On March 19 the U.S. Center for Disease Control and Prevention (CDC) issued a Level 2 travel notice for those who plan to visit regions afflicted with Zika virus, encouraging travelers to practice enhanced precautions. These warnings about the Zika virus are growing alongside new evidence that causally links Zika virus to microcephaly, a condition that hinders brain development.
Patients with Zika virus can have a range of symptoms including fever, rash, joint pain and headache. However, the onset time for these symptoms is often days after the disease has been contracted. In addition, the virus can remain in the blood for a week, during which the virus can be transmitted to other people by the Aedes aegypti mosquito as well as through sexual contact. Currently there is no treatment or vaccine for this disease.
Recently this disease captured the attention of researchers because of its effect on northeastern Brazil. Many newborn babies in this region have been diagnosed with microcephaly.
Patients with microcephaly have smaller head circumferences, usually with a cutoff size of less than 31.9 to 31.5 centimeters. The prevalence of microcephaly is 0.6 for every 10,000 births in places without Zika virus but the number rises substantially in places where it is present. Some northeastern Brazilian towns such as Pernambuco and Paraiba have more than 10 cases of microcephaly per 10,000 births.
This correlation between microcephaly and Zika virus points to the possibility the virus can cause severe brain damage in babies. As a result, the CDC has issued warnings to pregnant women traveling to regions with Zika virus. However, there was little research to support the claim that Zika causes microcephaly until a group of scientists from Johns Hopkins, Florida State and Emory Universities discovered that the virus affects a type of brain tissue. In laboratory experiments, researchers found that Zika virus can destroy and disrupt the growth of neural progenitor cells, which are responsible for the development of the nervous system. In these experiments, the virus infected the majority of the neural progenitor cells resulting in the death of one-third of the cells. The virus is also able to invade other tissues such as kidney cells and embryonic stem cells, although to a lesser degree.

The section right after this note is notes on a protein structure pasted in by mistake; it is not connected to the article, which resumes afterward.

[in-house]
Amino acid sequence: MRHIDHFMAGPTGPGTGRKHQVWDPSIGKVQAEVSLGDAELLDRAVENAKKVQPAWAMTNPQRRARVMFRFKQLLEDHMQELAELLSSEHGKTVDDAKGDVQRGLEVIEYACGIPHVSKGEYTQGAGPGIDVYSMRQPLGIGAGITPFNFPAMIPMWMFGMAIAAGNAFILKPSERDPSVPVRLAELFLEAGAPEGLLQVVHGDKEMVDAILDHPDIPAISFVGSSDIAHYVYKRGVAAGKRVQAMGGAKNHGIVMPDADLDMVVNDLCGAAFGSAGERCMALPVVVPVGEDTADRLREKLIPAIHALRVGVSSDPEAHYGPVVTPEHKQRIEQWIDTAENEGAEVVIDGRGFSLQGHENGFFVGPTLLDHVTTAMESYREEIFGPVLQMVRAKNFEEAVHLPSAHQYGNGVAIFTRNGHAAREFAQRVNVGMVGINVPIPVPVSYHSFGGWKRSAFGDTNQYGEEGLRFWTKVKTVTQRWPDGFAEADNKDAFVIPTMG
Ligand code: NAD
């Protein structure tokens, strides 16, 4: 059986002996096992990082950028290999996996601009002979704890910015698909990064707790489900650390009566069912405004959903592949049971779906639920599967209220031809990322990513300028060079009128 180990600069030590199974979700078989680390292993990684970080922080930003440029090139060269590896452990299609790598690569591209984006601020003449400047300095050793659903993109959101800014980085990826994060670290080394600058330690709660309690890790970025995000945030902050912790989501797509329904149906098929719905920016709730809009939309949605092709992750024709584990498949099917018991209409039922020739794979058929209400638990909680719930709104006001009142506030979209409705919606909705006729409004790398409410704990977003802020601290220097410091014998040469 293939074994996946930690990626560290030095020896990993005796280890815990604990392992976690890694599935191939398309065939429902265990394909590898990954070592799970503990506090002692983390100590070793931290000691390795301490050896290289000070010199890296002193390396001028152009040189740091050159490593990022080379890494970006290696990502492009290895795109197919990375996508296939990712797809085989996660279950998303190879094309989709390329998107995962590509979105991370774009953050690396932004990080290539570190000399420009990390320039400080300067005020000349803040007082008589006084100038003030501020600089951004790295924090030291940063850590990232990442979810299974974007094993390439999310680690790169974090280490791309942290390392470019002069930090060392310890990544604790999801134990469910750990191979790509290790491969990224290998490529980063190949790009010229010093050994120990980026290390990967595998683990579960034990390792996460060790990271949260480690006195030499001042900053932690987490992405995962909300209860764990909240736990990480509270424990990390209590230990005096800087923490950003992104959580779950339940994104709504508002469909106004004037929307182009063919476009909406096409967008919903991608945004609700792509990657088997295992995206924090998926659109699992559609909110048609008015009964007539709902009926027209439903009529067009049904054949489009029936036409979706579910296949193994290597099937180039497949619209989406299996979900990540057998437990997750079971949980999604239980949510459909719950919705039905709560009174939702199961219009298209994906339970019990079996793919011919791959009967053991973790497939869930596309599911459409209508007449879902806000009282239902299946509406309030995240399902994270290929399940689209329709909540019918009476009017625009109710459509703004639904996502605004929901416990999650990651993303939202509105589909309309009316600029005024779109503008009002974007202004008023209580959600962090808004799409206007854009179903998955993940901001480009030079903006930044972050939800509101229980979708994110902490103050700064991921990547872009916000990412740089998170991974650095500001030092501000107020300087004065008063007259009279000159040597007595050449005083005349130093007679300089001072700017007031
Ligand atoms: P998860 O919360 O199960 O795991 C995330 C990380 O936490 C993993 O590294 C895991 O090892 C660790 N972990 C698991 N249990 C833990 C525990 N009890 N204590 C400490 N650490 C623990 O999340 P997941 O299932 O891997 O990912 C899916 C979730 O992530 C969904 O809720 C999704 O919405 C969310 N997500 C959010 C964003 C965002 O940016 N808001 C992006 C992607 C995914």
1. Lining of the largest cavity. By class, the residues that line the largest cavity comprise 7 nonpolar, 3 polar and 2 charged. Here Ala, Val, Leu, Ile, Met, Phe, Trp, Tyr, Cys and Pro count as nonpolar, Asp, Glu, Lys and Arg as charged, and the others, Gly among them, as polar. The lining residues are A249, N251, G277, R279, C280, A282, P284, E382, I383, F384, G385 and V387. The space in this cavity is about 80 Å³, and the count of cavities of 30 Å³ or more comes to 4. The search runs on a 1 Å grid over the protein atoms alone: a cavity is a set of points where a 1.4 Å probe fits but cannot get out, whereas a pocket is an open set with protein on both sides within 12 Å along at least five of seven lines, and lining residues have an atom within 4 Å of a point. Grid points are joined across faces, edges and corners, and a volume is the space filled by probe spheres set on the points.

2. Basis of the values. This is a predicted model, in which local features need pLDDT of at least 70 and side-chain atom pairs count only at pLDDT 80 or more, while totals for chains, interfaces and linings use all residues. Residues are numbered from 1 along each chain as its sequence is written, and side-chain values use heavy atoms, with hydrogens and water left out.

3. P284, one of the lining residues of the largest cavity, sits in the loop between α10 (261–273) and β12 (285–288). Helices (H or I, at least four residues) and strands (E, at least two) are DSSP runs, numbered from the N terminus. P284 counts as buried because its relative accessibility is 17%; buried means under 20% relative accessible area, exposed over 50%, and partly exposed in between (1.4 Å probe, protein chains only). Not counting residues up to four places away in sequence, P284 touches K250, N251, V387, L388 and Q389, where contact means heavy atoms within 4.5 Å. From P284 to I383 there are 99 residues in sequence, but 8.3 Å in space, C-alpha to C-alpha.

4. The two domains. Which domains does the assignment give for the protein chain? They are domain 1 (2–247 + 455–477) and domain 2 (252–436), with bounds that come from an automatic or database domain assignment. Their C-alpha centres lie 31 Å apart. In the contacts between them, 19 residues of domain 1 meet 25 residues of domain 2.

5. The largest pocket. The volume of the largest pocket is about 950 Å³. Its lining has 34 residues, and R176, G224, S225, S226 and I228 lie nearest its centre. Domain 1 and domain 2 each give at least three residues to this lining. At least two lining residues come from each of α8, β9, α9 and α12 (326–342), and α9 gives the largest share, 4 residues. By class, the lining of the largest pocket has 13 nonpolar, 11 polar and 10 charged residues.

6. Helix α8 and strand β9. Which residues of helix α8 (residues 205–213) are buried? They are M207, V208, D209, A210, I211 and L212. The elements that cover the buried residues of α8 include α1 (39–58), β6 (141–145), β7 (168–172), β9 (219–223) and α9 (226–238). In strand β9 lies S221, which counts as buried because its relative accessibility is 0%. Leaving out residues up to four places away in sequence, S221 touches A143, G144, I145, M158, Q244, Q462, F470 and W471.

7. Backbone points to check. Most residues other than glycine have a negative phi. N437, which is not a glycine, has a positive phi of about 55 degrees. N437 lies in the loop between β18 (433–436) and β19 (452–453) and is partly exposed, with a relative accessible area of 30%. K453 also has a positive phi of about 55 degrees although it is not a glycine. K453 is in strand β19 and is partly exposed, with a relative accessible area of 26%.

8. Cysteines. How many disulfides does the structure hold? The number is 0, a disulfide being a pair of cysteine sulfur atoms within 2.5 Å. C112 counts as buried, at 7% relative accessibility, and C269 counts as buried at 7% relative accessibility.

Despite this potential explanation of the link between Zika virus and microcephaly, researchers warn there has been no definitive evidence the Zika virus causes microcephaly. Additional research could be done to further explore the impact of Zika virus on human health. Researchers are also unable to explain the method with which the virus targets neural progenitor cells.
Other countries in the Americas and the Caribbean have faced many cases of Zika virus in late 2015 and early 2016 including more than 50 cases in the U.S., but these countries have not observed any increases in the prevalence of microcephaly. Most countries, however, expect an increase in microcephaly to begin in two or three months, and researchers there are planning studies on birth defects. This additional data should provide more information to researchers who are investigating the extent of the link between Zika virus and birth defects. Before more research is available, countries around the world are urging caution and advocating for the protection of pregnant women from mosquito bites.